if they're not libertarian, instruct them to watch the crash course by chris martenson.

  • ||

    Repo Man

  • killazontherun||

    Good one. My uncle's favorite. Retired now, but he was a private dick, bounty hunter and a repo man in his day.

  • El Commentariosa||

    What are some good Libertarian Documentaries? My friends don't have time to read.

  • ||

    Waco: The Rules of Engagement.

  • ||

    ^THIS^

  • ||

    Cool Hand Luke

  • Neu Mejican||

    Good choice.
    Also, Brazil.

  • ||

    In all seriousness, the most libertarian documentary of them all is Birth of a Nation.

  • o3||

    birth of a nation just shows a buncha dems riding around...before they burn stuff & vote obama!

  • ||

  • ||

    That and Anal Intruders 14, yes.

  • ||

    In all seriousness, what is your argument that BOAN is a libertarian document?

  • ||

    In all seriousness, I'm never in all seriousness.

  • Uncle Pfizer||

    dat's racist!

  • AlmightyJB||

    Just watch South Park

  • Jerry||

    Fat Head, Free to Choose, Mr. Conservative...Not libertarian but also of interest: Commanding Heights, The Fog of War, Operation Lune, The War Room.

  • killazontherun||

    Highly entertaining for a speech at a lectern.

    Keynesian Predictions vs. American History | Thomas E. Woods, Jr.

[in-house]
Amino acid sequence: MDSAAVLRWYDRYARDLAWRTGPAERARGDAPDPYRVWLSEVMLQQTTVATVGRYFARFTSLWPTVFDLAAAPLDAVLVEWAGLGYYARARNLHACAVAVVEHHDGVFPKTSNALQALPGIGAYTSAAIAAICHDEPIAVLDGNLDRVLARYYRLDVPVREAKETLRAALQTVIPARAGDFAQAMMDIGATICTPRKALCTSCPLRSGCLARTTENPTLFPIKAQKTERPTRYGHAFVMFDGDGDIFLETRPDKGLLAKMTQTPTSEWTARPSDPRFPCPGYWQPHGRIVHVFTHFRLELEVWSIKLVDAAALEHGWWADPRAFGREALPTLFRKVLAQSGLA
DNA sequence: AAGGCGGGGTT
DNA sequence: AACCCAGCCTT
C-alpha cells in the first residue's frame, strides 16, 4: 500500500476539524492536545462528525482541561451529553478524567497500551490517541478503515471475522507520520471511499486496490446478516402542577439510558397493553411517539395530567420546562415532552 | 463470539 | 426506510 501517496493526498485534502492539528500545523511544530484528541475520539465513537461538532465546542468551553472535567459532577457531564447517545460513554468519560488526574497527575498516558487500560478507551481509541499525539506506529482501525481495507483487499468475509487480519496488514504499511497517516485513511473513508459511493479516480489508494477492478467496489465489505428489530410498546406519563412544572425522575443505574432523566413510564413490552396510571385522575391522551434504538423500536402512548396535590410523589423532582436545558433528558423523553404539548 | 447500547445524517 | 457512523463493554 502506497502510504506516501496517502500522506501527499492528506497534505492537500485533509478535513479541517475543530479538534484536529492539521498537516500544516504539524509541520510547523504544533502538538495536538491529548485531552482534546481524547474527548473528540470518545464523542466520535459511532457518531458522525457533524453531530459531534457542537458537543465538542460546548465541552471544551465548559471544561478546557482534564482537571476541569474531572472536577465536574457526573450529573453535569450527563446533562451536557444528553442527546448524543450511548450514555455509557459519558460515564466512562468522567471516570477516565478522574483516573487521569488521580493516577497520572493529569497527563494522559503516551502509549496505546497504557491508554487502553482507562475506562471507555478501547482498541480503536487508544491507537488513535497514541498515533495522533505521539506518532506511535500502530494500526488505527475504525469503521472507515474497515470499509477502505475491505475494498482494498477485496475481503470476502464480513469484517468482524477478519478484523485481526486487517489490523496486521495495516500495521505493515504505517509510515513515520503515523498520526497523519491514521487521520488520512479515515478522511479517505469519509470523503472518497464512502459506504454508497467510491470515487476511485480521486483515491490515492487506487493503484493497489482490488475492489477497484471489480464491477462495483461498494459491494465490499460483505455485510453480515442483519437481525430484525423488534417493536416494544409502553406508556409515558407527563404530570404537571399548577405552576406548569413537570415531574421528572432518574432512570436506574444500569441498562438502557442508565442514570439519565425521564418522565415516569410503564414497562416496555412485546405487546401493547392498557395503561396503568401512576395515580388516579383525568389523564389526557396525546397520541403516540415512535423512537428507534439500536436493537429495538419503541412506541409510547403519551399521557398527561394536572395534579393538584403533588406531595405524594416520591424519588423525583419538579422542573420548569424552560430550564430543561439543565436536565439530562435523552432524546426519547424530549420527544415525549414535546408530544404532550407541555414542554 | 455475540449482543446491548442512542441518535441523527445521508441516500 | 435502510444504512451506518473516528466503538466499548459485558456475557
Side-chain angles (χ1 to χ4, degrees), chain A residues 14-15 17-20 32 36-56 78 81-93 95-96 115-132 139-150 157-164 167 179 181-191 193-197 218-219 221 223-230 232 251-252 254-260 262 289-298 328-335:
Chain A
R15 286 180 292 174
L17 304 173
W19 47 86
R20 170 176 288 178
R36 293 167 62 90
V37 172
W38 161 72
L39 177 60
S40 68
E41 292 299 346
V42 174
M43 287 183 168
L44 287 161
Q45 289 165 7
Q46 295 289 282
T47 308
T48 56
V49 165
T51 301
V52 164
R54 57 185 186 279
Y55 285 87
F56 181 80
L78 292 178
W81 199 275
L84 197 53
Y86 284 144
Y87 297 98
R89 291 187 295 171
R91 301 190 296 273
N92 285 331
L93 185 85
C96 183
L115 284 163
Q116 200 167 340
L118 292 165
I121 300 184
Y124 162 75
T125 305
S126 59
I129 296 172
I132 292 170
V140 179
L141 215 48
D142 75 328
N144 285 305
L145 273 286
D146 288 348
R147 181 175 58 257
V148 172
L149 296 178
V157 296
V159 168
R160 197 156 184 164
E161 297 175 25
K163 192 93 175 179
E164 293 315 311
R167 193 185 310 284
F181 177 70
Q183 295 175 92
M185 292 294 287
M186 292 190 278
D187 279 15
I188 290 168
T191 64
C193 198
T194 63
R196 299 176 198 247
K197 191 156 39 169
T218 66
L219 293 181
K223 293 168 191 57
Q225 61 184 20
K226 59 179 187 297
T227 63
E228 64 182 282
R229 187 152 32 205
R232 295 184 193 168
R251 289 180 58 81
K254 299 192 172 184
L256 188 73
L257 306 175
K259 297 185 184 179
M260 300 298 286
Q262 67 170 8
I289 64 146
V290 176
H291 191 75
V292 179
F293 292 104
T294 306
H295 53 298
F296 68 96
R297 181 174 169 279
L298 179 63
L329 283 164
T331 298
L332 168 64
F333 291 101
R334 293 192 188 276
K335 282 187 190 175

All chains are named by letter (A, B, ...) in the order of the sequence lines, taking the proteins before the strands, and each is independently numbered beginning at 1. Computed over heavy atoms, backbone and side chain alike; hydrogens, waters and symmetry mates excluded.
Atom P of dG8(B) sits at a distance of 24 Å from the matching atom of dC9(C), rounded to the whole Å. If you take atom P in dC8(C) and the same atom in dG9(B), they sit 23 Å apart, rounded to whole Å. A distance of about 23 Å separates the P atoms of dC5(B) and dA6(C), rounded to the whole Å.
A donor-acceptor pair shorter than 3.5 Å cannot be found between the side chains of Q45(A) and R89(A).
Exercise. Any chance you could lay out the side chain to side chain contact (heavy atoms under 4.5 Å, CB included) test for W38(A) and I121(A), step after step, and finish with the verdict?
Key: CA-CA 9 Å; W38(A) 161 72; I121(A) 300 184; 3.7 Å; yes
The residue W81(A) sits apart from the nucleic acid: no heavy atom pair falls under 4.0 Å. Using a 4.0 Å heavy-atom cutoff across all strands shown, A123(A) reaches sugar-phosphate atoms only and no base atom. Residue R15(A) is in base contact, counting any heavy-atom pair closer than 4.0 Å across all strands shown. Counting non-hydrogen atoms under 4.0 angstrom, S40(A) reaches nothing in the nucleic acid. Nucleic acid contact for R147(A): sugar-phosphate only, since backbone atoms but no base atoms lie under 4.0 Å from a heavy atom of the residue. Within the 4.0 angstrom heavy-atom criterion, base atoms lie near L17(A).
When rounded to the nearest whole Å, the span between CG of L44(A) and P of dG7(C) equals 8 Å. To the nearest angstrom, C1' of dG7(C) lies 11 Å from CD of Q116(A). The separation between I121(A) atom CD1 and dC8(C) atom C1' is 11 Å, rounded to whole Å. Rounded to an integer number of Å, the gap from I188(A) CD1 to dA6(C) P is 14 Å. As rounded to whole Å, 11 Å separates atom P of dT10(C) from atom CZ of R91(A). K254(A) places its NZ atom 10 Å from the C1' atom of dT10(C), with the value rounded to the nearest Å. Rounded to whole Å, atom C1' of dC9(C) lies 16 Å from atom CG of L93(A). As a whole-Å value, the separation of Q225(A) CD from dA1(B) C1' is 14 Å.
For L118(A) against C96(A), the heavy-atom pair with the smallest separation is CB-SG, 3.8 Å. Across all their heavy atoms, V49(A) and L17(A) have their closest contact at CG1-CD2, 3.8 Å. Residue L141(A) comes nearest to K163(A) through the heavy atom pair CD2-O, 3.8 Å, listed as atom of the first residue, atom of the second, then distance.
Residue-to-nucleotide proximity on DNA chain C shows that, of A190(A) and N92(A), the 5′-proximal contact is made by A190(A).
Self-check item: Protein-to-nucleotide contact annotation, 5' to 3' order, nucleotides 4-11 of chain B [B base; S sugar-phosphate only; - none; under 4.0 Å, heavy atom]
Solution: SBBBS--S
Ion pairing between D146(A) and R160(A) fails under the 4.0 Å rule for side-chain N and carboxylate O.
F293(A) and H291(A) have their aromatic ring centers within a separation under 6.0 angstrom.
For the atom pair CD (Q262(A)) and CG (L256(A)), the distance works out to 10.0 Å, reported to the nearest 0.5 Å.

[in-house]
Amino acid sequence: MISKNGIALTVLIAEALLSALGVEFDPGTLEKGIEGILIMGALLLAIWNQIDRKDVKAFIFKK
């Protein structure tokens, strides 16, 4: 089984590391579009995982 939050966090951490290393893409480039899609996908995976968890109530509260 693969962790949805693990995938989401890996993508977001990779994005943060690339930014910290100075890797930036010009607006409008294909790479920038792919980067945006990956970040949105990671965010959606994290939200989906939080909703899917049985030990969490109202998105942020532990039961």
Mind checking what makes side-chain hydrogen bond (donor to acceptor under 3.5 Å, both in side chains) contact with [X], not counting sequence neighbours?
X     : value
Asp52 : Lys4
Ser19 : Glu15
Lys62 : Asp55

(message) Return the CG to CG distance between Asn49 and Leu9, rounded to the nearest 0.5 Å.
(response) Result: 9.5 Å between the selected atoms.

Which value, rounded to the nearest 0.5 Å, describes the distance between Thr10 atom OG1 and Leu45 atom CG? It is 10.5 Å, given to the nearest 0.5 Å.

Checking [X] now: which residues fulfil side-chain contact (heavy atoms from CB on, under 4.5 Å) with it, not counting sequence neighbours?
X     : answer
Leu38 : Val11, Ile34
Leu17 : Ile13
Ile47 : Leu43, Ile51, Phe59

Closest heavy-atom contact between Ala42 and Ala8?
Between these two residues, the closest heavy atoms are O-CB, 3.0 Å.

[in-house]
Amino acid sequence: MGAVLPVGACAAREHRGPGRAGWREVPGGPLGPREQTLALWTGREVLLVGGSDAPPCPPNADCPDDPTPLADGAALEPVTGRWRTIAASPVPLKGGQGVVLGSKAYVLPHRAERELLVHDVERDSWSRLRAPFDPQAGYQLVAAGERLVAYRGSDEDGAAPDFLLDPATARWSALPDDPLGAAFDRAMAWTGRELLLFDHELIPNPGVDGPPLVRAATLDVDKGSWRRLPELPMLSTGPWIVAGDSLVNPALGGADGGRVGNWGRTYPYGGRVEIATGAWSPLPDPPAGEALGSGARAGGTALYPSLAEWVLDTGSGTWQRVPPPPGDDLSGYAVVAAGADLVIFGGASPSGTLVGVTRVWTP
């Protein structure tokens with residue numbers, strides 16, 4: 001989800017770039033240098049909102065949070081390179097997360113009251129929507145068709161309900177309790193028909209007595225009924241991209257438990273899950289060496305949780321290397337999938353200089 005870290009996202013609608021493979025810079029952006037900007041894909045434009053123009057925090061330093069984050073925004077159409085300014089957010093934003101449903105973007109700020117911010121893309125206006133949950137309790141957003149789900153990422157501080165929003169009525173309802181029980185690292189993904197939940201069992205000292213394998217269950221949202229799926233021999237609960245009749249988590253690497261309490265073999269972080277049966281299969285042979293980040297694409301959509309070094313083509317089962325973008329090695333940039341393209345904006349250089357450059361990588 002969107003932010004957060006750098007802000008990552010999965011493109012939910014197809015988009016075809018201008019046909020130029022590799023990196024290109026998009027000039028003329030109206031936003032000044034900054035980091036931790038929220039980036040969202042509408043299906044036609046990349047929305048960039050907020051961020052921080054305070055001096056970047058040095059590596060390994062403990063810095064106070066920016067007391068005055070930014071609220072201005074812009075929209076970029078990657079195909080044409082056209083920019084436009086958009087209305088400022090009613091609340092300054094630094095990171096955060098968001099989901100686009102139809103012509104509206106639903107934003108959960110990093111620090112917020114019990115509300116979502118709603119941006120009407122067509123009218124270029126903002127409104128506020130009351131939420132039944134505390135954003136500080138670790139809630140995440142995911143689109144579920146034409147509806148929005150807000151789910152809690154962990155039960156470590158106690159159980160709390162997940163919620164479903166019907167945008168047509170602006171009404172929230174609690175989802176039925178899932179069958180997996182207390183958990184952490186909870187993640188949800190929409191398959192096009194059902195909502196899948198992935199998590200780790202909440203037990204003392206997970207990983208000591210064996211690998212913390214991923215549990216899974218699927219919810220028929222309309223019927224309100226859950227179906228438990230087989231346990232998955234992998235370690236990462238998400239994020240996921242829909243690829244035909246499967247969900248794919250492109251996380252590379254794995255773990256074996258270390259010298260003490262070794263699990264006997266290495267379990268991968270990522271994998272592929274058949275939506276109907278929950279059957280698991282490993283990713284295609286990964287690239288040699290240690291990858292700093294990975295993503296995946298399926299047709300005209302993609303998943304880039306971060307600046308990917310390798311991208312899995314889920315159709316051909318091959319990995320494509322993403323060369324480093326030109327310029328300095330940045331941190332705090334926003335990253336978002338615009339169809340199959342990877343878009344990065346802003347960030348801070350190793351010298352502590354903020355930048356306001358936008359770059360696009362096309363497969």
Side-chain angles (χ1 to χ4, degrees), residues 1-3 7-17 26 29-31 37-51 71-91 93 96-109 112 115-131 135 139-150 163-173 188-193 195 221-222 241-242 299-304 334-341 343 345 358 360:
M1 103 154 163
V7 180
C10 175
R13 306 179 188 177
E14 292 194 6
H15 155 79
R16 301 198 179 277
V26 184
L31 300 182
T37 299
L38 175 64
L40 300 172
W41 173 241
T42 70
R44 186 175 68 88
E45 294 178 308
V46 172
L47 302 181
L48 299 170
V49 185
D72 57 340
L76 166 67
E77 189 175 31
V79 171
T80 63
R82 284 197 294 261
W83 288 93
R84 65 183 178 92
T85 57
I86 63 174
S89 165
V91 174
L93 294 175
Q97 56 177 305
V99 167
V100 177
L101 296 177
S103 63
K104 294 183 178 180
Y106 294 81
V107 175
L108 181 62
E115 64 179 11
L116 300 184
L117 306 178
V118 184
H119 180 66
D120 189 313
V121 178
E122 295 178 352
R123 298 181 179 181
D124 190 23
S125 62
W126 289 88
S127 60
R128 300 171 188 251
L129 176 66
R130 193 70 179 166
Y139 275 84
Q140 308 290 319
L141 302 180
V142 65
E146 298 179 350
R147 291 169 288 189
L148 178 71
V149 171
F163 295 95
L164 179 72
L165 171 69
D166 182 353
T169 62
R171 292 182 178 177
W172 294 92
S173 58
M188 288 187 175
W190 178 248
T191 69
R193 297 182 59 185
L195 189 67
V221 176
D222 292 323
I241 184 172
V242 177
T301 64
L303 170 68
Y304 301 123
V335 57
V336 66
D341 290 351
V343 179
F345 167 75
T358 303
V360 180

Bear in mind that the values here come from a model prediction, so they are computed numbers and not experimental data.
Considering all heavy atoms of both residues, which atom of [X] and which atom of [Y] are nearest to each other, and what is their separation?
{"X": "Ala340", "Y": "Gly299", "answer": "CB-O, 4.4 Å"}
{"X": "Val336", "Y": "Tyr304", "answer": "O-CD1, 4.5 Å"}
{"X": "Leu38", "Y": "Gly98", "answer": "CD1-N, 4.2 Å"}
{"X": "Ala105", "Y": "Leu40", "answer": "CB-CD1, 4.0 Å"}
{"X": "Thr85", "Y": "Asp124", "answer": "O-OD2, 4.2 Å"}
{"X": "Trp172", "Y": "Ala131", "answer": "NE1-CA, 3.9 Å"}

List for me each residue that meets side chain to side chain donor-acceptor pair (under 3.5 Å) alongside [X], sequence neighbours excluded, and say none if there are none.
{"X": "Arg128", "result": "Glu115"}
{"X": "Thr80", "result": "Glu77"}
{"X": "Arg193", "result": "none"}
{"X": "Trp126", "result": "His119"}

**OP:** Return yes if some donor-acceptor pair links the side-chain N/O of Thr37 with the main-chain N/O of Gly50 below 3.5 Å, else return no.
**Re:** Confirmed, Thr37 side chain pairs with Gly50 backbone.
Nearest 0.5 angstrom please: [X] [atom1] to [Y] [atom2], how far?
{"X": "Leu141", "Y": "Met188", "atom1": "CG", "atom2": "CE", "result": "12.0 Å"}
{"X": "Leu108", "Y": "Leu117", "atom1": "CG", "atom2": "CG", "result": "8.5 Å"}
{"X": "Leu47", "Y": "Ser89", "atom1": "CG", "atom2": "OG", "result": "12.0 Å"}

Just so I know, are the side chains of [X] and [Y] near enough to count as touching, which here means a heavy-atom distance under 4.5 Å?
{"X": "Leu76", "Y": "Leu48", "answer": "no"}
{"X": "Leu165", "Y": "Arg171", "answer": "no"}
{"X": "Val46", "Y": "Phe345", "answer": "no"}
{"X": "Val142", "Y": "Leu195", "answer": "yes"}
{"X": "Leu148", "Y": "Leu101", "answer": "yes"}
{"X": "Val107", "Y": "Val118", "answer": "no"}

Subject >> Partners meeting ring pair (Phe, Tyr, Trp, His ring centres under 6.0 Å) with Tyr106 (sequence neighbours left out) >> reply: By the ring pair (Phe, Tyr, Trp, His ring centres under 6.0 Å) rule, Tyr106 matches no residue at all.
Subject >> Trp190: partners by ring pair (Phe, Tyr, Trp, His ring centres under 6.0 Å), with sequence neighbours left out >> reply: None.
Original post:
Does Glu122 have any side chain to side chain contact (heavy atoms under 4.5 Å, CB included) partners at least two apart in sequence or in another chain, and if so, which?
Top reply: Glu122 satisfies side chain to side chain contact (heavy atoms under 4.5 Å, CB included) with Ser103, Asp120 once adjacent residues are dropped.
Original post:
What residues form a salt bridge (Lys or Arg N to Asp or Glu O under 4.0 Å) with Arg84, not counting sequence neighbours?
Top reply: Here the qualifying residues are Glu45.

http://www.youtube.com/watch?v=6XbG6aIUlog

  • AlmightyJB||

    How about a math book?

  • El Commentariosa||

    Econ 101 Textbook?

  • alten mexikanischen||

    I would suggest Old Mexican's Guide to Internet trolling: how to sound confident about economics despite your lack of understanding

  • shorter old mex||

    where da golds?

  • Bee Tagger||

    Do you mind if I use this for the final chapter of my book called The Guide to Internet Trolling Old Mexican and sounding confident about it despite your lack of understanding what he's saying

  • alten mexikanischen||

    That is one messed up sentence.

    You would also want to include his pamphlet. Old Mexican's Rants In Plain English: a reader's guide through tortured logic and idiosyncratic word usage.

  • Pot, meet kettle||

    That is one messed up sentence.


    Get out.

  • alten mexikanischen||

    If you order now, you can get Old Mexican's Guide to Logical Fallacies: who says they don't win arguments?

  • ||

    The scariest part of that story was the mention at the top that Greg Mankiw's Econ 10 class at Harvard walked out because he was teaching Adam Smith.

    Thank God they weren't teaching Leibniz in calculus class, they might have burned the campus down!

  • killazontherun||

    Holy mother of mercy. Who won the Cold War again?